Library millage win means modernization, “new service focus”

By Nic Custer

The Central Park Neighborhood Association October meeting covered a Flint Public Library millage ballot proposal, neighborhood blight, the Investor’s Committee, and upcoming elections.

Director Kay Schwartz, Flint Public Library, shared information about a library millage on the November ballot.

[Editor’s note: the millage passed by a wide margin in the Nov. 3 election].

Schwartz explained that the millage for 6/10 of a mill would last from 2015 to 2021. It would expire at the same time as the other 1.4 renewable millage, which residents already pay. The library also has two mills funding in perpetuity, which was passed in 2003 and is the maximum that can be requested by FPL according to state law.

New model of library service

She said the FPL has just been through a planning process, funded by the C.S. Mott Foundation, to develop a new model for library services. Between 2009 and 2013, FPL lost more than $2 million or about 50% of its budget because of declining property values.

Schwartz said the library is funded by a property tax millage. The library had to settle on a level of service it could afford so in 2013 it reduced to five days a week and only a single shift of staff to run it.

Even with those measures, there still has been a revenue gap of $500,000. The millage is expected to raise $450,000 to fill the gap. She said if the funding gap is filled the library will begin to invest in new service priorities. The new vision is to become Flint’s “go to” place for what she described as “learning across the lifespan.” This plan will have three priorities: digital literacy, family literacy and preserving the building as a welcoming place for the community.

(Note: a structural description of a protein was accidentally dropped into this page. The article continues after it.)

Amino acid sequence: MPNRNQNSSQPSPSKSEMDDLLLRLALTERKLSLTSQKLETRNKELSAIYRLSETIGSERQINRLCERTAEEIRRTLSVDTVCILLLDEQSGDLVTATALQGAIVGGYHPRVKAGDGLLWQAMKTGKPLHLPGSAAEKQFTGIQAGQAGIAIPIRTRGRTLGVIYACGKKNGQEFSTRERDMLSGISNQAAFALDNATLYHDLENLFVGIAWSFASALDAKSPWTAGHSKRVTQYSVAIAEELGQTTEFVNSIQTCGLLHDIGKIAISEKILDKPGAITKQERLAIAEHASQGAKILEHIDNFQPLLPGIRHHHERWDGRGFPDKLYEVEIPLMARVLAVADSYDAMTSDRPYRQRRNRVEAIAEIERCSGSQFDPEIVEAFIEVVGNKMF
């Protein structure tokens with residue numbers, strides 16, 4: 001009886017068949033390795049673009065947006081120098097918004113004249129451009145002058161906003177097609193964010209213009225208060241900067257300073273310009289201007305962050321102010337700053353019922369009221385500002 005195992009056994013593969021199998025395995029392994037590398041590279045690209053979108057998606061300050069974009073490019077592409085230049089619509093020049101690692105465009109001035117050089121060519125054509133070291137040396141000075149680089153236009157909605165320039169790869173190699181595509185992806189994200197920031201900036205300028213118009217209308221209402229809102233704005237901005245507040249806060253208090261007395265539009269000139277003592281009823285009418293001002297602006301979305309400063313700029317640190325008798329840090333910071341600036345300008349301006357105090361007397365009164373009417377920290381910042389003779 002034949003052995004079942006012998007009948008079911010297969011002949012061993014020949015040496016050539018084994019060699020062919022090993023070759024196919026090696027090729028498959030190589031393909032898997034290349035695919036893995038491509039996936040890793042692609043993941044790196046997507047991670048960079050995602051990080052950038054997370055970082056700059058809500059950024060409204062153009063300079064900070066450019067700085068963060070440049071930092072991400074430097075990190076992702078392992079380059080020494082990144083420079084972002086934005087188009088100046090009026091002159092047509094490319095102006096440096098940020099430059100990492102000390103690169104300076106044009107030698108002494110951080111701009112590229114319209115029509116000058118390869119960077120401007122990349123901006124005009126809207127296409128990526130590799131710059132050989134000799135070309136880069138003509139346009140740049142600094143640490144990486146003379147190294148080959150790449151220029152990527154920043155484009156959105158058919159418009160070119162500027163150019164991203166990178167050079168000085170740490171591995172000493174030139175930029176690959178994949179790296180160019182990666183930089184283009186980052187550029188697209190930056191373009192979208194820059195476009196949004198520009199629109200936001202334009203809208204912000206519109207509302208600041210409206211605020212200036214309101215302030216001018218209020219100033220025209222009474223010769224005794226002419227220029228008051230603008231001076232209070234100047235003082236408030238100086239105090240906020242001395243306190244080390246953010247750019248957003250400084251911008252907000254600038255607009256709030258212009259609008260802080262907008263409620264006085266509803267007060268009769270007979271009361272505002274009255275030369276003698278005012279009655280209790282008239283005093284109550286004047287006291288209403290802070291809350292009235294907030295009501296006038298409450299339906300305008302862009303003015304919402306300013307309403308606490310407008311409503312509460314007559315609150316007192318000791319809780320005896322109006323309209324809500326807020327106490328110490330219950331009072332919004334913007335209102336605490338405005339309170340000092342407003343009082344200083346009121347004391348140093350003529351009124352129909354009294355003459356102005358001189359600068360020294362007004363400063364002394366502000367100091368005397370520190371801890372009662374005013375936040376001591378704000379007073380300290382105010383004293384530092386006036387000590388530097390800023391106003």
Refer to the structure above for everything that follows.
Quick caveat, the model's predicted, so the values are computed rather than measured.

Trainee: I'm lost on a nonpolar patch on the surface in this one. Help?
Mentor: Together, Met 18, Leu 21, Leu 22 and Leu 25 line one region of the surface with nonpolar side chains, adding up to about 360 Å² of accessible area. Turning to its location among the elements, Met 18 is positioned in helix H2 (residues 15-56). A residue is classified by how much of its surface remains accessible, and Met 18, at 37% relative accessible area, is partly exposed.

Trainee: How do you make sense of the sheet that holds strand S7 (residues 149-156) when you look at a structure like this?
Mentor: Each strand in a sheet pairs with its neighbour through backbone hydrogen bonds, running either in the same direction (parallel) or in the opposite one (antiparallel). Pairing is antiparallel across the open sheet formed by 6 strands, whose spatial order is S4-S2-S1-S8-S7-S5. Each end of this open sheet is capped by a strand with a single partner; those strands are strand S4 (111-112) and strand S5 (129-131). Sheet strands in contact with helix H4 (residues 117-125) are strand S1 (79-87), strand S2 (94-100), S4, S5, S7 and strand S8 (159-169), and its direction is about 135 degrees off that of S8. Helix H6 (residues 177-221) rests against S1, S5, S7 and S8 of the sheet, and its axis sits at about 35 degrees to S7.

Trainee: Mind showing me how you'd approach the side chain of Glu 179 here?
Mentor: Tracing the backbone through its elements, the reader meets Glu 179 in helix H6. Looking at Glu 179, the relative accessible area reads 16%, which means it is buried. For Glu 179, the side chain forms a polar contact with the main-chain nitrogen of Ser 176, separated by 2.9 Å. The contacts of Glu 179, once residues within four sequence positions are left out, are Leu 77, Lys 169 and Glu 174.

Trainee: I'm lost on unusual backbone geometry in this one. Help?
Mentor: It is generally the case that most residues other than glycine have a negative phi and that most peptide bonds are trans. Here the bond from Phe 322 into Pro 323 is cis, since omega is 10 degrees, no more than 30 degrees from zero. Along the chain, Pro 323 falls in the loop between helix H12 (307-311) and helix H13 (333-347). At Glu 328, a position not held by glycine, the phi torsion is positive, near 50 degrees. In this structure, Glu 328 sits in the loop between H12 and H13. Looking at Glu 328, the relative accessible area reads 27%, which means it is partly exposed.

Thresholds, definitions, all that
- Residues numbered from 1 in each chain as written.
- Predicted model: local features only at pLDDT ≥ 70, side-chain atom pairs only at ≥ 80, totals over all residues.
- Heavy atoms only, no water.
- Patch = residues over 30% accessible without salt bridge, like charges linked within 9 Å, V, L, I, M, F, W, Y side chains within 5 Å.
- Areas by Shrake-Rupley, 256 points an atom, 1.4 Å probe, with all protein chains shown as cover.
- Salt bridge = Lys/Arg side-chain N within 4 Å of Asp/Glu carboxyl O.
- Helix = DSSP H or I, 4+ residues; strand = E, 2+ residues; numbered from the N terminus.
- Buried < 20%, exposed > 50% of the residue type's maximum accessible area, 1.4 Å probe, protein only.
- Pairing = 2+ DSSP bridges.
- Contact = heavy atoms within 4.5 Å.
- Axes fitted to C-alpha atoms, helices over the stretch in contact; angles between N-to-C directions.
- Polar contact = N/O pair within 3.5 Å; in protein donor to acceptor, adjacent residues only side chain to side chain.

“We’re ready for a transformation to really be a learning center for our community to help people get job ready,” Schwartz said.

Library building modernization needed

Built in 1958 and expanded in 1990, the library needs to be modernized. She said she hopes to get additional C.S. Mott Foundation funding for an architect to redesign the interior space to make staffing more efficient.

She said because the library is built in rooms, it requires more staff to run it. The library just had a facilities assessment. The air handling units are from 1958, two of three freight elevators are “old enough to draw social security.” And the building has single pane windows and not much roof insulation.

Schwartz said library staff cannot advocate for the library when there is an issue on the ballot but only provide information about the proposal.

Signals of support

Jack Minore, a former city council member and state representative, spoke as a member of Citizens for the Flint Public Library. He asked residents to vote yes on the millage.

He said even though the increase would equate to about $1 per month for the average resident, the amount will be fewer tax dollars than in previous years when the property taxes were higher. He said if the community approves the millage, it will give a signal to the Mott Foundation that the community supports the library and wants it to be invested in it.

Demolition requested, stripped siding reported

In other CPNA business, Norma Sain, Court Street Village Non Profit Housing Corp., reported that a house at 722 East Street will be added to the city’s emergency demolition list. The house’s fieldstone foundation has been crumbling for the last several years. She also reported that a duplex at 801 E. Court Street is being stripped of its siding.

Funding for house painting

In November, CPNA Investor’s Committee will present an idea to homeowners to fund exterior house painting in the neighborhood. The group will meet a second time to begin seeking funding for the project.

Election scheduled

In other news, the group will hold elections at its November general membership meeting. Vice President Karen Tipper and President Ed Custer are willing to rotate positions. The group has no candidates to fill its vacant Secretary position.

The group meets at 7 p.m., November 12 at Court Street Village Non Profit Neighborhood House, 737 East St.

Nic Custer, EVM managing editor, can be reached at



Author: East Village Magazine

A Non-profit, Community News Magazine Since 1976

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